I’ve suffered with anxiety my entire adult life. It’s not often I say that out loud. It’s affected my family, which is not something I like to think about too much either.
It’s always been there, in one form or another. I was a youngster with dyslexia – struggling through school and just labelled as slow - lazy even. I found it hard to fit in with the hectic pace of life and social interactions were difficult. My confidence was at rock bottom – I felt worthless. I started to struggle with large crowds, panic would overwhelm me. I’d descend into extreme panic attacks and acute anxiety.
And then I lost my father-in-law, someone who showed me the wonders of the great outdoors. He was a countryman with many talents, some of which he passed onto me. Losing him suddenly was too much. At my worst I couldn’t leave the house for months, agoraphobia they call it. I relied on prescription medication - something, anything, to ease the depression, insomnia and poor physical health that had become my norm. I couldn’t do it anymore, something had to change.
With each new skill I felt more involved, more valued – these are skills any outdoor employer would welcome – that means something to me.
In the years that followed, I became a Dad – now more than ever I wanted to have something to show for myself, I wanted to be a role model and most importantly I wanted to make sure my children didn’t struggle in the same way.
My nurse suggested I get into volunteering, something to focus my mind. I remembered how much I used to love times outdoors with my father-in-law and with the help and support of my wife, I took up conservation volunteering with the Trust. I was not only good at it, but it made me feel good too. Being outside all day working meant my physical fitness improved, I slept better, and I started eating better. In turn, my mental health started to slowly improve. I rediscovered my love for plants and wildlife and started to share the knowledge I’d learnt from my father-in-law with my fellow volunteers.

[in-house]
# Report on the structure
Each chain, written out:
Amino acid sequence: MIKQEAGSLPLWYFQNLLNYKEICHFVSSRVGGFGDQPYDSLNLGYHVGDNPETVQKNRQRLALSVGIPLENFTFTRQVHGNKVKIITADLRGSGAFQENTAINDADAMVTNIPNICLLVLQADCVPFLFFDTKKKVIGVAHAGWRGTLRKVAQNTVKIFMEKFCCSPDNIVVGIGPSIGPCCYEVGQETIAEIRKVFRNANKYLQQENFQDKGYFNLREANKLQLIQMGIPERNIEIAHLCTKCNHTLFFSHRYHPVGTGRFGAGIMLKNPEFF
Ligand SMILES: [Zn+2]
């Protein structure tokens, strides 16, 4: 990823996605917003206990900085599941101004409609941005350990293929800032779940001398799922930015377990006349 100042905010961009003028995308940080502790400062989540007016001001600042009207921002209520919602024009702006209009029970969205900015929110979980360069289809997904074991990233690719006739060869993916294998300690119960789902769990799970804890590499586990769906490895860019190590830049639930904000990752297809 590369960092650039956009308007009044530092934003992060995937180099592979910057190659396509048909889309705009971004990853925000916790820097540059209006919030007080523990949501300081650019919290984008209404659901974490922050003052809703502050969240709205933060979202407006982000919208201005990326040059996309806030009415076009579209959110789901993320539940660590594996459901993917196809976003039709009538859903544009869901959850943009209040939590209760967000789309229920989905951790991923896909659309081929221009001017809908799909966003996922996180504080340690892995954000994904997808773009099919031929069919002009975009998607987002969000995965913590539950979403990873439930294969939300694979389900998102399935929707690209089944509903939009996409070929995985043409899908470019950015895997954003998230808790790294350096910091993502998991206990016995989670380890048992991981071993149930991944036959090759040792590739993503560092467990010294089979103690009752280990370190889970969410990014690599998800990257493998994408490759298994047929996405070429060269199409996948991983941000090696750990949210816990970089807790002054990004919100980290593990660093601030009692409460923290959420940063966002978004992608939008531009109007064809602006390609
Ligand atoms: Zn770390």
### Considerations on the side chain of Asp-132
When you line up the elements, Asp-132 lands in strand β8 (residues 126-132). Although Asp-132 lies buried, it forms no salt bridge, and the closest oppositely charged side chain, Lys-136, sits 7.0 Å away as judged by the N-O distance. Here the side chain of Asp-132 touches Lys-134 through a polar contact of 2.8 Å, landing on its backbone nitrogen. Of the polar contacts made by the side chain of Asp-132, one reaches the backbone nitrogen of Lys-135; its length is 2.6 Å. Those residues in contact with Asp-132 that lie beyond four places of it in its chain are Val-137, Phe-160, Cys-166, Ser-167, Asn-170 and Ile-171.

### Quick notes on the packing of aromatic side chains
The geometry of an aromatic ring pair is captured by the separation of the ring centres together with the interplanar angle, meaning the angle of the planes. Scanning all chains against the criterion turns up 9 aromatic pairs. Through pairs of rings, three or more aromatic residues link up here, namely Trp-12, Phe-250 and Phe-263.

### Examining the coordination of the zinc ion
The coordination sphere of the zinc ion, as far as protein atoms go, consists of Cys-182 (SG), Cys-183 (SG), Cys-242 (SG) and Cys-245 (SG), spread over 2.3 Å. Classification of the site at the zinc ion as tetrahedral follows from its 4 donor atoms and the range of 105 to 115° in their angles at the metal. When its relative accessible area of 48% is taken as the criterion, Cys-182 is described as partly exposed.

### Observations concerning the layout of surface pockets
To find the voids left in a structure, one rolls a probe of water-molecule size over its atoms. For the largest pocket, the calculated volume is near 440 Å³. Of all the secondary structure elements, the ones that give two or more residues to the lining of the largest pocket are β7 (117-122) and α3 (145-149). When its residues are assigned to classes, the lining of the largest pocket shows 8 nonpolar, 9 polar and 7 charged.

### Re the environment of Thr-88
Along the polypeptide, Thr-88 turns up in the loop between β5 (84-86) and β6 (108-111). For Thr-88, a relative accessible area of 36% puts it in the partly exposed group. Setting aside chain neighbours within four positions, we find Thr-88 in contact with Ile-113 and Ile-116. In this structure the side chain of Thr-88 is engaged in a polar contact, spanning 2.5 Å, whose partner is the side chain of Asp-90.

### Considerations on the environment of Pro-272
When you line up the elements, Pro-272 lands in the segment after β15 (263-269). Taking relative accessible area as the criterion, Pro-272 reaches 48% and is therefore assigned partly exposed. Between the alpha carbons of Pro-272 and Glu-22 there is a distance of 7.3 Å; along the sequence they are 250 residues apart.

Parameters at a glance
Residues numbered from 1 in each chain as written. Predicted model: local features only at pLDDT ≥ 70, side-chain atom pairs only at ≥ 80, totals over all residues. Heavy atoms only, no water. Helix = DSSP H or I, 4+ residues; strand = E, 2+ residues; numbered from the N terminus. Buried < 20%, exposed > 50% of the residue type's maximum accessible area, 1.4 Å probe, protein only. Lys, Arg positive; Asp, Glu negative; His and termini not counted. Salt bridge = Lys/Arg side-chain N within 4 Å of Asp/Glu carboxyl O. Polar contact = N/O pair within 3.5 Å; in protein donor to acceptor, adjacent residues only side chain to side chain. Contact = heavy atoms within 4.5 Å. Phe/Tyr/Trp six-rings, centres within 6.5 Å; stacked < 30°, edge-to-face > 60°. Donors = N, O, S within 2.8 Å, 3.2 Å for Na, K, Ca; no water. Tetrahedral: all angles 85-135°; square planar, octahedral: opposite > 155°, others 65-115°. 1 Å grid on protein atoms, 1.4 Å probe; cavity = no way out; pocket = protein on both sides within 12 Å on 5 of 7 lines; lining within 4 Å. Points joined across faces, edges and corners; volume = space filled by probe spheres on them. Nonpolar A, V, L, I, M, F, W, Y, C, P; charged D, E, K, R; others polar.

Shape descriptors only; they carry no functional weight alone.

Apparently, I have a reputation for being able to mend any piece of equipment. It’s because I love problem-solving – mending a broken tool is right up my street. I wasn’t known as the ‘slow, lazy one’ anymore, but instead, the person who would work through breaks, just to see a task finished – digging holes being a particular favourite.
The Trust enabled me to get certified training for power tools, brush cutters, chainsaw maintenance and use. With each new skill I felt more involved, more valued – these are skills any outdoor employer would welcome – that means something to me.
Life’s not perfect but it’s a lot better than it was now. The staff and volunteers are my friends. I look forward to helping and I bring my children along to Trust activities – it’s good for them to learn new skills and get away from computer games for a while!
Things do get better. Hang on in there.